Take time to review your real estate options: Given the continuing sad state of real estate in many U.S. communities, a quick sale of property before you pack up and go may not be possible. So explore the tax consequences and management responsibilities of renting out your property before you go. And by all means, make sure you have enough set aside to pay monthly mortgage, insurance and upkeep bills and a foolproof way to make sure those bills get paid on time in your absence. You don’t want to destroy your credit rating in your absence. Also discuss your overseas status with your insurance agent since renting out your property or leaving it empty could affect your premiums. Also, make a security plan for your property whether it’s occupied or not — an alarm system might help, but it’s important to inform trusted family members and neighbors as well.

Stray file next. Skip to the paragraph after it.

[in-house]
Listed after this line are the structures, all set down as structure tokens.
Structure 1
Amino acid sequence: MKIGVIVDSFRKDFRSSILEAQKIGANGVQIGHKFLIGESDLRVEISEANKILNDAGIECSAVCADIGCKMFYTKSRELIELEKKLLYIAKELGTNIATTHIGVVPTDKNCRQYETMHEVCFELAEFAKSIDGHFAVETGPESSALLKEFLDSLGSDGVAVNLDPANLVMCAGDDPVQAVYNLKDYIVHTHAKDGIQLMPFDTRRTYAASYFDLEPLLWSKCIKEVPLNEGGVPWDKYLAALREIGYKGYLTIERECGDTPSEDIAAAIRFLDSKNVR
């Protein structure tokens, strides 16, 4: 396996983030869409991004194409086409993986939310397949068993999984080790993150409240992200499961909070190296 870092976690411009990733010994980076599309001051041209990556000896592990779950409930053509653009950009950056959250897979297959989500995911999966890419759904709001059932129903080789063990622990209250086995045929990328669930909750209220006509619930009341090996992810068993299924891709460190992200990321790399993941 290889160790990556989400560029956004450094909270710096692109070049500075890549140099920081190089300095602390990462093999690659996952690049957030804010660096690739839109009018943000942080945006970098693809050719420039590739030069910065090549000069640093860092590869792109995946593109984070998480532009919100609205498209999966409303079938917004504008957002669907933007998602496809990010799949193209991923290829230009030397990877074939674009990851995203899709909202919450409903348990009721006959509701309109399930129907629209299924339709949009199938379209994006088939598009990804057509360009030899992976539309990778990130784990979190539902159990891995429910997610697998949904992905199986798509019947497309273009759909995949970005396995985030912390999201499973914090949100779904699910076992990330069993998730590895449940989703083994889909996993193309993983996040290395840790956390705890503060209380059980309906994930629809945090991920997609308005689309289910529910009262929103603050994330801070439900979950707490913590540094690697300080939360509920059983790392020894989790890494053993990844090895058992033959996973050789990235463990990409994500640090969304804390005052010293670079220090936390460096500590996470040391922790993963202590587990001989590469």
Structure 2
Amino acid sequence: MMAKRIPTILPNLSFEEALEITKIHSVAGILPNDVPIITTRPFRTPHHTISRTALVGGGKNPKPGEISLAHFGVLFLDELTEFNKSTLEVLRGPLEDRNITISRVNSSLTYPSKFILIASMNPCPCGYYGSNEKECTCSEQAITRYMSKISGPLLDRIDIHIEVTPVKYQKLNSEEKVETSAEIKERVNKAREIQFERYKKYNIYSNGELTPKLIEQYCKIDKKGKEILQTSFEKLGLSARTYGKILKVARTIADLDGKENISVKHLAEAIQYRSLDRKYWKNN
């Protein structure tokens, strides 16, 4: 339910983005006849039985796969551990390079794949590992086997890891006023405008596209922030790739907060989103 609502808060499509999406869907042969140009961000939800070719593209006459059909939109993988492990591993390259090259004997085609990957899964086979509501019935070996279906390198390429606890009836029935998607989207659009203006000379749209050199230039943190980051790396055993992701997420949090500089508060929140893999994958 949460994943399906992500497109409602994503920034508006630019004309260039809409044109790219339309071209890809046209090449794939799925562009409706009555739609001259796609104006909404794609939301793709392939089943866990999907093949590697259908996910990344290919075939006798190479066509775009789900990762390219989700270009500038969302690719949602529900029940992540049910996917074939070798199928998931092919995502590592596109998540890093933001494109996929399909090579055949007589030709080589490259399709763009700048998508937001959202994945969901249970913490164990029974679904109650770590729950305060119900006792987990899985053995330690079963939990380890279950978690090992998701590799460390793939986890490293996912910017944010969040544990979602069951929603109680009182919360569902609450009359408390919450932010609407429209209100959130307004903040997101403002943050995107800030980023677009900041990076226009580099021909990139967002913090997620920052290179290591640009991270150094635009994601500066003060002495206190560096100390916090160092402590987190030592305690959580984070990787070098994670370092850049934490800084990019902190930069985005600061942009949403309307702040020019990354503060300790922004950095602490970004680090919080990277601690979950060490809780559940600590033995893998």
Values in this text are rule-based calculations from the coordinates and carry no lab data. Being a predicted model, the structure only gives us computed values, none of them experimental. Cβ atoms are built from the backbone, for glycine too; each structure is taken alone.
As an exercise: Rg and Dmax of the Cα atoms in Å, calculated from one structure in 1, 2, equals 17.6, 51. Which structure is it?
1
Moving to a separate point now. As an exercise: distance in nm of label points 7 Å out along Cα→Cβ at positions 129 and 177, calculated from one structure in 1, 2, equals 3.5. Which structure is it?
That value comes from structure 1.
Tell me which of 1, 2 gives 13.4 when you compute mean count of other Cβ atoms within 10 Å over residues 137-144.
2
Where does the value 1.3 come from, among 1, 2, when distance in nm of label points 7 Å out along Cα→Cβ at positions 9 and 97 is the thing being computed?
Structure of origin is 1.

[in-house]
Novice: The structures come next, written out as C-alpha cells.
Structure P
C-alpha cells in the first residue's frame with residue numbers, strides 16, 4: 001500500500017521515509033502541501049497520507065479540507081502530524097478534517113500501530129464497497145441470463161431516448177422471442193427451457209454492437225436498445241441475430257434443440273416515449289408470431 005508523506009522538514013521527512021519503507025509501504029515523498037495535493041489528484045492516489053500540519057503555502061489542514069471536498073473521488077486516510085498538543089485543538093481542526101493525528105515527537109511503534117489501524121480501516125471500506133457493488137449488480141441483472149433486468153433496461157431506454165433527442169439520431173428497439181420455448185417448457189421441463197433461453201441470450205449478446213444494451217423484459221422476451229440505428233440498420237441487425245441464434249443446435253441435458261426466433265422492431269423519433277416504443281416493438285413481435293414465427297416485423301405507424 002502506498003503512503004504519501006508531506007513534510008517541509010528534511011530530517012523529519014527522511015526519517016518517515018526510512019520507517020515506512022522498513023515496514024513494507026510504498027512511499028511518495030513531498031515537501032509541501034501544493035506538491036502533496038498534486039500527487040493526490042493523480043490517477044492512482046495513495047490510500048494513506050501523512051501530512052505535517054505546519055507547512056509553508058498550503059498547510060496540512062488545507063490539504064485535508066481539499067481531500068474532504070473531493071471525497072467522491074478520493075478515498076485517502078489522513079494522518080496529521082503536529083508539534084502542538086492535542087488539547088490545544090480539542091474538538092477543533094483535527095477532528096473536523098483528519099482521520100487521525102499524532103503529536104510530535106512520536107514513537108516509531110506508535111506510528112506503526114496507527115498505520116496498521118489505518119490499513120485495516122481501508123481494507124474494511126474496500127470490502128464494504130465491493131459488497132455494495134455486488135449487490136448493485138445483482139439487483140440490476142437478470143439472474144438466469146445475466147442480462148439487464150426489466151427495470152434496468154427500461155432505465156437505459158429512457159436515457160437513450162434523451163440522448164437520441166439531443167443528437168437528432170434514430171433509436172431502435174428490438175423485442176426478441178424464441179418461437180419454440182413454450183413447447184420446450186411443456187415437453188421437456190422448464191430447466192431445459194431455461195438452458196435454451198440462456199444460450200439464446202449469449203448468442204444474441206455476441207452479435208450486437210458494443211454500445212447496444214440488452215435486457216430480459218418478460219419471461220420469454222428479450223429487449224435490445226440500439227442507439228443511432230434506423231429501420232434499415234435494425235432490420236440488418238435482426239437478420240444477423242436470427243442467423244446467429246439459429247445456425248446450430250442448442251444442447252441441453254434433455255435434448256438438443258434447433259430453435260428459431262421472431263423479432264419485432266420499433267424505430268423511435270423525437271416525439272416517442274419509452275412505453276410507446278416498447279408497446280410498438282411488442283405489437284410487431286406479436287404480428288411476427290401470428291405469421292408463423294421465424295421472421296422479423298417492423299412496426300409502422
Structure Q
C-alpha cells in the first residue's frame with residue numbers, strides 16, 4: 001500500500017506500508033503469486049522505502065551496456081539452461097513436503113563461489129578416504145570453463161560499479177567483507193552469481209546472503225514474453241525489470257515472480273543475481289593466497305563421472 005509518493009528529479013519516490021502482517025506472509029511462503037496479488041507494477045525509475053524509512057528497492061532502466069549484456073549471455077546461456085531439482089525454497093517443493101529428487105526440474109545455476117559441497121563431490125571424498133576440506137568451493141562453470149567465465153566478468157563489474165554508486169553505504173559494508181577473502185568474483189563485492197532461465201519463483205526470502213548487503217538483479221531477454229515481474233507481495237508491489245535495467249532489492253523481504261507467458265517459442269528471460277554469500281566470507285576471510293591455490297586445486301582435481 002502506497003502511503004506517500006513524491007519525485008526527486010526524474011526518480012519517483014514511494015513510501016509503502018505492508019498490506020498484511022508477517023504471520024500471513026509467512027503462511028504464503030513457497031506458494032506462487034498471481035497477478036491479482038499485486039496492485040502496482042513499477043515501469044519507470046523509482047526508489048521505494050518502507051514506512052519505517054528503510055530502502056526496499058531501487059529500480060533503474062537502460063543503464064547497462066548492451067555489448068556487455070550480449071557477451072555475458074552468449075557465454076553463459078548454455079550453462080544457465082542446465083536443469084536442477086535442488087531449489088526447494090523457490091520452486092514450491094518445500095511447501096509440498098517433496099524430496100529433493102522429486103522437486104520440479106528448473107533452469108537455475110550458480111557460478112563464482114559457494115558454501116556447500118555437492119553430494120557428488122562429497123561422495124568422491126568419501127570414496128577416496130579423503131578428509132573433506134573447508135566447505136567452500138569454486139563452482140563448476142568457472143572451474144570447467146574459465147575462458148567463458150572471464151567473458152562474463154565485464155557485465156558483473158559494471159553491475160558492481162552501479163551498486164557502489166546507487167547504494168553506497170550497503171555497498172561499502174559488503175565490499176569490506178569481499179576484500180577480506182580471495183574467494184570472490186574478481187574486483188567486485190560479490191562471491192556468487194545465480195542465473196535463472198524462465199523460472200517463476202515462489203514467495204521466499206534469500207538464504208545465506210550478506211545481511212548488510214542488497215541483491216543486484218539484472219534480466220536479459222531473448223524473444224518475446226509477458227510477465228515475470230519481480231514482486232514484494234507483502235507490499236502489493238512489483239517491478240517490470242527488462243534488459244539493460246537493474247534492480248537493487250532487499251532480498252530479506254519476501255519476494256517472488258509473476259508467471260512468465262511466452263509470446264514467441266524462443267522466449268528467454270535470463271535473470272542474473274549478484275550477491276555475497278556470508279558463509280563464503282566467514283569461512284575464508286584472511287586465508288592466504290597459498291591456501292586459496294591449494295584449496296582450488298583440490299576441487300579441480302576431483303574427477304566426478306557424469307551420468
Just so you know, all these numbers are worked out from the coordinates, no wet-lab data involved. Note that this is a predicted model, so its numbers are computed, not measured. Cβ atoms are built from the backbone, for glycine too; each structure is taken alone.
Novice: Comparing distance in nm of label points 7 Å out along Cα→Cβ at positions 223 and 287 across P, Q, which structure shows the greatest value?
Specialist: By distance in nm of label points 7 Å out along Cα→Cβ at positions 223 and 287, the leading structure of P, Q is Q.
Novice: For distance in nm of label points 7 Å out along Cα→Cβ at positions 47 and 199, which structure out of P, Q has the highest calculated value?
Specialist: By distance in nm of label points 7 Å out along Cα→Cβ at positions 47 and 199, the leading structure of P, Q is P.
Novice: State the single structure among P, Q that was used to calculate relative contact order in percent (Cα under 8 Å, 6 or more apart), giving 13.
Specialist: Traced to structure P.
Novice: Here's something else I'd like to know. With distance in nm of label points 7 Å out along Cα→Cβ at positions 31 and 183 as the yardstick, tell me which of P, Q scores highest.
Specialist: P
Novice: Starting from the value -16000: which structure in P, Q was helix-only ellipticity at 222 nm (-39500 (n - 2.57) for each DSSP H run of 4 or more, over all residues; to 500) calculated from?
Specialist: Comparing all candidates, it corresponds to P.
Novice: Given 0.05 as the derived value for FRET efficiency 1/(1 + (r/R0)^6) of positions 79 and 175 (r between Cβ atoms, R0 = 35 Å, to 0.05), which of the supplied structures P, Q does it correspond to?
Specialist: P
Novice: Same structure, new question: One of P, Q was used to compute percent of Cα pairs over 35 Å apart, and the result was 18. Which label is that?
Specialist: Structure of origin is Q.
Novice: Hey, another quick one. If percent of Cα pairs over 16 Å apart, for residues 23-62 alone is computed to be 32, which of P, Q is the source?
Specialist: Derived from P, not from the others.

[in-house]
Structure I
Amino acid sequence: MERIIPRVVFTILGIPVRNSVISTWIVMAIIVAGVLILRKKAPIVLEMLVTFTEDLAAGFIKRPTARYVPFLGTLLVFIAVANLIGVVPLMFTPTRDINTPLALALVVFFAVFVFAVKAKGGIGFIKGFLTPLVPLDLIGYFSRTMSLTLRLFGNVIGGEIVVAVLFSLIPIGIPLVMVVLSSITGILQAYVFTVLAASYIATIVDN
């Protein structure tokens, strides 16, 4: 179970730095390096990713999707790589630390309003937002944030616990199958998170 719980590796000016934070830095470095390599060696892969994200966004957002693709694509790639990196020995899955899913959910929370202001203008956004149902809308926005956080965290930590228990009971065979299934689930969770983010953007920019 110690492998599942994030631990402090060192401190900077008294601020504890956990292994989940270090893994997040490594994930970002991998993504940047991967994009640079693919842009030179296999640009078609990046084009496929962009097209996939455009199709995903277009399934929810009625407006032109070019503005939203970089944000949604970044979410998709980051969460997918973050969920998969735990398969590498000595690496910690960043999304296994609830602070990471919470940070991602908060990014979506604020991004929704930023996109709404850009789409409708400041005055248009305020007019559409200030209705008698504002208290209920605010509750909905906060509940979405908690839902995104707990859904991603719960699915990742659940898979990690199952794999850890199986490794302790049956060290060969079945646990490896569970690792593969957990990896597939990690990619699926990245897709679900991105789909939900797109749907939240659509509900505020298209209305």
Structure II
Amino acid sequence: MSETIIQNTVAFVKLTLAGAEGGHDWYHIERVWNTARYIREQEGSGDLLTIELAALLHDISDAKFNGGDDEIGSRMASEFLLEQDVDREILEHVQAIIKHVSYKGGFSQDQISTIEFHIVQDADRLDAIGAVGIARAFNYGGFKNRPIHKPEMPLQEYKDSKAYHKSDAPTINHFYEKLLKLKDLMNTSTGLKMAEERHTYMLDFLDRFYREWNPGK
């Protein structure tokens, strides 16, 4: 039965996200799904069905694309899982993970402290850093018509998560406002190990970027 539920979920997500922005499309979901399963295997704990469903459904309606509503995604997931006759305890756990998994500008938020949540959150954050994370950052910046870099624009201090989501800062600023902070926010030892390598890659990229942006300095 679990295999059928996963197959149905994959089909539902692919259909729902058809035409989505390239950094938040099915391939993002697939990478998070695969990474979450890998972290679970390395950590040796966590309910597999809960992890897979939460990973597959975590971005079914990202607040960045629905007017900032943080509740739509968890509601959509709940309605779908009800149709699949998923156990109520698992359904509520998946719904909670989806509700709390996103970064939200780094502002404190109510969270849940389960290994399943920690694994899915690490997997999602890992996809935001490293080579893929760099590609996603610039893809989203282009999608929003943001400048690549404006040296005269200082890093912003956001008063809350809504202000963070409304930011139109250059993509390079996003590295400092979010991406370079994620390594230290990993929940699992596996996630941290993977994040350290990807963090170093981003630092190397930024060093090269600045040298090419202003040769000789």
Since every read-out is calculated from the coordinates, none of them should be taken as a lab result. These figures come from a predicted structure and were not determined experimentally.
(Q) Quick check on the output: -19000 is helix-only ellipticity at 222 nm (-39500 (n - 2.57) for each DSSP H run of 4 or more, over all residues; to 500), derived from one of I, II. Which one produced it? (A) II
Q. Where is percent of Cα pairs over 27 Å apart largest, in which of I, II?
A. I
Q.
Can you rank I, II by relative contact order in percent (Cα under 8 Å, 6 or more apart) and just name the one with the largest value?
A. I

Make a disaster plan and designate your point person back home: If you’ve done your homework on estate issues, this person might also be the executor of your will, but it’s important to have one trusted person back home as a central conduit if anything goes wrong for you abroad or if an emergency happens at home. In any event, this person should be an individual you trust to go through your mail, contact loved ones or possibly make health or money decisions on your behalf. Start by making a “worst-case scenario” list and work backward to prepare for such problems, including designating who might be your best representatives for health, property and money issues back home.